Her article is thematically identical to others that focus a woman’s value on her body (e.g.how to subsist on 1500 calories per day, how to work out till you can fit into your high school jeans).
These popular stories are not about one’s health (though, superficially, they look that way) but about the struggles of feeling worthy and sexually desirable.
Pearson’s 500-word article makes me think of all the women I know – my friends who are mothers and not; my students; those whose bodies tingle for love and sex; they who feel beautiful and those who wish they were. I think of how a “bikini body” should be anybody who wants hers to feel kissed by the sun.
I remember my friend Sarah and me, 23 years old, driving back from New York City with Aerosmith’s Crazy on repeat and a dozen doughnuts in the backseat, feeling like Liv and Alicia. I think of us now, 36, still feeling vibrant but knowing we don’t look the way we did then.
Pearson’s article about why her friends are attracted to the dad bod makes my heart ache a little. What Pearson has articulated is the stuff many of us want, regardless of gender or BMI.
We want to be desired, lusted for, cared about, and, more than anything, perhaps, to be loved. We want someone who wants us enough to hold a boombox over his head or to pitch pebbles at our windows. How sublime it is to feel safe, to believe we are beautiful in another person’s eyes.
Pearson’s list of “what women want” is pretty old-fashioned: home, partner, 3 kids, and someone with whom to knock back some carbs.. Under the sub-heading “ You know what you’re getting,” she says that when women date a dad bod, they have time to get used to the body he’ll have when he’s 45.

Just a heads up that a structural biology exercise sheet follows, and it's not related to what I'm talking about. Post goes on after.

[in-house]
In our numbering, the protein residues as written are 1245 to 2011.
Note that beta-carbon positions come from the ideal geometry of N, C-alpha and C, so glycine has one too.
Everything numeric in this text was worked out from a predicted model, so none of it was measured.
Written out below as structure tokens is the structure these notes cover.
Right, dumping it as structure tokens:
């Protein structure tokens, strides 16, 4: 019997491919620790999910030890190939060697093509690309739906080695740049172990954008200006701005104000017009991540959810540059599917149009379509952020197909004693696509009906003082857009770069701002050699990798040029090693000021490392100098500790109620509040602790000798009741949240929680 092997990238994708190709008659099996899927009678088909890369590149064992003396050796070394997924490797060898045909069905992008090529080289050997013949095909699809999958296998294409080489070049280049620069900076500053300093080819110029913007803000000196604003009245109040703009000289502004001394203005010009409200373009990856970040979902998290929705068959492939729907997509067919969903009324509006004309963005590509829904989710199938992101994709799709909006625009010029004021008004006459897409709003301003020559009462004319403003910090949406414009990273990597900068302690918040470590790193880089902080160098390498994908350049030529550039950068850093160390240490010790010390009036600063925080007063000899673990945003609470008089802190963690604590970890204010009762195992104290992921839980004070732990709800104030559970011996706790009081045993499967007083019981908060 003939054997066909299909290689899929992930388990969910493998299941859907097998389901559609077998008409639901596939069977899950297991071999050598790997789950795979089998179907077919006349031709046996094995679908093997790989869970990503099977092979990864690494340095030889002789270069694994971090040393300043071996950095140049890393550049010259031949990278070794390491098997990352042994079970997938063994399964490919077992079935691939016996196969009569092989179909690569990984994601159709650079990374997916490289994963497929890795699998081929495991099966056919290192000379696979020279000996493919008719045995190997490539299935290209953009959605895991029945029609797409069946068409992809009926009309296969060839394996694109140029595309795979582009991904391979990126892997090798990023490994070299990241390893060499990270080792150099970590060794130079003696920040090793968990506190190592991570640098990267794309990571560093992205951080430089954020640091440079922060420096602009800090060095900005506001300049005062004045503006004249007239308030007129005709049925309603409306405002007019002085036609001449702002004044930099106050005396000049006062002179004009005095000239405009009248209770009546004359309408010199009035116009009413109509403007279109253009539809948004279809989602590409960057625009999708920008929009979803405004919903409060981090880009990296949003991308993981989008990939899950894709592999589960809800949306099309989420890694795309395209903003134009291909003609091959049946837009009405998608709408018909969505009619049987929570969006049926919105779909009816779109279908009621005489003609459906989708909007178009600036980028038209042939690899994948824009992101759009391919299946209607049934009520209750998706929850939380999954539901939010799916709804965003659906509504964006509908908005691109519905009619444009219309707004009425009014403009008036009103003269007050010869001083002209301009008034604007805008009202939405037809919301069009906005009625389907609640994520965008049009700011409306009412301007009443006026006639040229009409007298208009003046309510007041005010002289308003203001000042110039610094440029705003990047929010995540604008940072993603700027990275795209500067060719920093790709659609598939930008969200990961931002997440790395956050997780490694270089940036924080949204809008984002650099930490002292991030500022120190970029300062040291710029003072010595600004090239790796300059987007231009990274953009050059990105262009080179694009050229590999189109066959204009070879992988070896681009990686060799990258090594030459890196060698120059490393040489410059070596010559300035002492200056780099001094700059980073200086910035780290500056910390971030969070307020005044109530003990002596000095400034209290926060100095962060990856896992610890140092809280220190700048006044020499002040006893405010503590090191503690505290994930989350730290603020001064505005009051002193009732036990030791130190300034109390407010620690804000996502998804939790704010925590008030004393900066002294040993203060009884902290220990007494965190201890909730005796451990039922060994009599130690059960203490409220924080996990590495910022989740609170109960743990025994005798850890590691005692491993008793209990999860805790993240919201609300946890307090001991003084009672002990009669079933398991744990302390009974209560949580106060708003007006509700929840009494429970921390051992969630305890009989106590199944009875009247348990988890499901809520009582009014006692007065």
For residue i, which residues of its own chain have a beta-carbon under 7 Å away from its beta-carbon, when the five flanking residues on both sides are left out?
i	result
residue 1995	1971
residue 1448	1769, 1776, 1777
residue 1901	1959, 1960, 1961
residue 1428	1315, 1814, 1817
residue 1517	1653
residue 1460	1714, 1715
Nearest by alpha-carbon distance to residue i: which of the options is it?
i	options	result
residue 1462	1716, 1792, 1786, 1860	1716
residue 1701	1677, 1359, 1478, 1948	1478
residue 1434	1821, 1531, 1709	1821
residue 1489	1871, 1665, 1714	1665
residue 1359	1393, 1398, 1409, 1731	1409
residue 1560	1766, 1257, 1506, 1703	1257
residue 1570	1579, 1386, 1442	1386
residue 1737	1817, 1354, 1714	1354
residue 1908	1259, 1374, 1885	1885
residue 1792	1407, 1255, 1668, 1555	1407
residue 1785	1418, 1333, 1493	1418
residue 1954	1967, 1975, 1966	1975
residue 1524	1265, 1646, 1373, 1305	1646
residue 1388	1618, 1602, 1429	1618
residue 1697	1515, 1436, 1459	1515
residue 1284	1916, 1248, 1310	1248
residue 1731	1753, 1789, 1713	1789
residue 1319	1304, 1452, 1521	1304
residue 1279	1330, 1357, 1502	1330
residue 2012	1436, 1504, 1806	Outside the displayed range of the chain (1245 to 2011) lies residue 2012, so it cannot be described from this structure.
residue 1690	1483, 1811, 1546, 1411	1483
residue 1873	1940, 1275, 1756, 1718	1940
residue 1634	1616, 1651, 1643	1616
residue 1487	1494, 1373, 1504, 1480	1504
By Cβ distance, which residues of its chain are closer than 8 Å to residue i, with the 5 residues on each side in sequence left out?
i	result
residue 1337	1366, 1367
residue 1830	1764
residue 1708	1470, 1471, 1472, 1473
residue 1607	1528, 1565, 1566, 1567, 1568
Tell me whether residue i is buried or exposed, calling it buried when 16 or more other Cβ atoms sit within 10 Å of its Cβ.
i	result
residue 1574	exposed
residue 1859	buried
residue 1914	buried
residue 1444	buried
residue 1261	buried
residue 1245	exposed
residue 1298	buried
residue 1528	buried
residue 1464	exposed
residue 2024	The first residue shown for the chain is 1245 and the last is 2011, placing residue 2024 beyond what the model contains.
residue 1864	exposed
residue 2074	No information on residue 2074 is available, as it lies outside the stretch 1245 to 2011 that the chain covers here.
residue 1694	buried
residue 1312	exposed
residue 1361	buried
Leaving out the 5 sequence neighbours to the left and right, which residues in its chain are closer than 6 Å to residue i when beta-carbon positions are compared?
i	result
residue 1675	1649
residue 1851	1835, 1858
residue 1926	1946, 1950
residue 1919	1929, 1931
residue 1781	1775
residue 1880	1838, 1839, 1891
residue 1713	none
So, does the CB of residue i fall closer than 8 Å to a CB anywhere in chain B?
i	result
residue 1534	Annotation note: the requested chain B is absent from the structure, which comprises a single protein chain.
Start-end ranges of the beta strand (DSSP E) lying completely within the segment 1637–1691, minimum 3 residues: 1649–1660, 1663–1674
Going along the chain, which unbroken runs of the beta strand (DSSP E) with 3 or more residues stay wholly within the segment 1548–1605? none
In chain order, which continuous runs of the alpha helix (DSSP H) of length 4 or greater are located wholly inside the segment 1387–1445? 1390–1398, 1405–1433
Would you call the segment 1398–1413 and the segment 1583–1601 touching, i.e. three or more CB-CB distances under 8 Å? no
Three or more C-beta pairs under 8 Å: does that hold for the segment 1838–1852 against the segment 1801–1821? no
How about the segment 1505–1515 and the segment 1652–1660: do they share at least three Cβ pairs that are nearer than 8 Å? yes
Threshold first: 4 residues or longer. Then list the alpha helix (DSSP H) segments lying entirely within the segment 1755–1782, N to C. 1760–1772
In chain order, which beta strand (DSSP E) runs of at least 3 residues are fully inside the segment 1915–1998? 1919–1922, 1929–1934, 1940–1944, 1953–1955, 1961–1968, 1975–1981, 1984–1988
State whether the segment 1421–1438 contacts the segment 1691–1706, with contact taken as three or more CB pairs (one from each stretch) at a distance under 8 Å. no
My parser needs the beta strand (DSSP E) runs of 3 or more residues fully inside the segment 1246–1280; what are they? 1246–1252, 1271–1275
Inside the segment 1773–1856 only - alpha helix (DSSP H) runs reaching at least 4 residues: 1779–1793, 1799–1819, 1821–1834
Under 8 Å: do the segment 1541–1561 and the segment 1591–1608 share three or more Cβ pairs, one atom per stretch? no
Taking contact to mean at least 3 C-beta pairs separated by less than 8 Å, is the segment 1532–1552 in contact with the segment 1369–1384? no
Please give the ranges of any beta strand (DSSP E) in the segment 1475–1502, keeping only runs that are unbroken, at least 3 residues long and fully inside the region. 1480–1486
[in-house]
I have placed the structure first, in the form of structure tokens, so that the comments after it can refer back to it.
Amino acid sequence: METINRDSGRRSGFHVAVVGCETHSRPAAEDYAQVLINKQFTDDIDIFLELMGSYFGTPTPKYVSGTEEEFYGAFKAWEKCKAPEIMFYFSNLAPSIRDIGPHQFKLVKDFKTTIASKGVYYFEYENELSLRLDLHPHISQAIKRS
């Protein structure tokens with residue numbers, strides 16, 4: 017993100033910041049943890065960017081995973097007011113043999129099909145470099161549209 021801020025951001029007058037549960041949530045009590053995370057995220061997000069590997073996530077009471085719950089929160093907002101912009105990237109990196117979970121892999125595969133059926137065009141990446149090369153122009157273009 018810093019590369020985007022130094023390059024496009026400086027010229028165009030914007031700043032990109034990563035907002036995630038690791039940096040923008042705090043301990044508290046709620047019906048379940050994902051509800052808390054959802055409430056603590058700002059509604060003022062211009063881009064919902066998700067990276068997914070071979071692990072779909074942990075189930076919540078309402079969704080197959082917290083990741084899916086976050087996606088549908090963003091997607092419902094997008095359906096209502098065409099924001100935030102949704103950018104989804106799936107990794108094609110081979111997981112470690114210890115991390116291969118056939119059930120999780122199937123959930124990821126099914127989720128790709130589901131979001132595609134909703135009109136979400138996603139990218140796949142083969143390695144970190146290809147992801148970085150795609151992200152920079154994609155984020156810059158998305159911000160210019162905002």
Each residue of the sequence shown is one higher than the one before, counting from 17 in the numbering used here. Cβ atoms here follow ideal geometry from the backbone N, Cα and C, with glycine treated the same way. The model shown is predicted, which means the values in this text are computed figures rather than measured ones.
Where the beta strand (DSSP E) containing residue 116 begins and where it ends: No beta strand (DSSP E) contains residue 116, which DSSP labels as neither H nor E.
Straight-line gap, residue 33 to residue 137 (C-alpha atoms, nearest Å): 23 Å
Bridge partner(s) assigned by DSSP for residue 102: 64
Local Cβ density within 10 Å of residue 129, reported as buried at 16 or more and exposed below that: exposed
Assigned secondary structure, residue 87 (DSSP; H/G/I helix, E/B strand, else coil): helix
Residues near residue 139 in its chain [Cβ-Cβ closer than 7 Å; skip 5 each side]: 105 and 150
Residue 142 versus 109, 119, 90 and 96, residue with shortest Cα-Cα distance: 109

With the dad bod, Person posits, women can imagine a future.
I remember these feelings well, this wish to be loved not just for my soul or my mind but also for my body, whether it’s as tight as it was when I was 17 or fleshier at 36.
At 19, I wanted someone who would be my rock; it mattered less if he felt like one or an extra-firm pillow.
I pictured laughing with someone after an all-you-can-eat buffet, as we patted each other’s bellies for good luck.
As I type this article, I sit across from my husband, with whom I met up for the first time at a pub where we both ordered bacon cheeseburgers and split a sundae. (Yes, I noticed his biceps.)
When we met, I weighed less and, if not for the scale (or my incredible “shrinking” clothes), I wouldn’t have noticed the kilos I’ve added. I’m having too much fun to care.
For example, after work yesterday, we picked up an order of chicken wings and rice, tofu and noodles, and, later, walked several blocks for some ice cream. On the walk home, I don’t remember what we talked about but I probably goosed him, as I often do.
Then, at the end of the night, after tea and TV, both of us tired and sated, he rubbed my back until I fell, blissfully and quickly, asleep. – Rappler.com
Kristine Sydney is a private high school English teacher in the United States, where she has lived for 20 years. Born in the Philippines and raised in Saudi Arabia, she attended boarding school and college in the US, where she practiced her Filipino by reading Liwayway. She writes about immigration, Air Supply adoration, and her intercultural relationship on her blog kosheradobo.com. Follow her on Twitter @kosheradobo.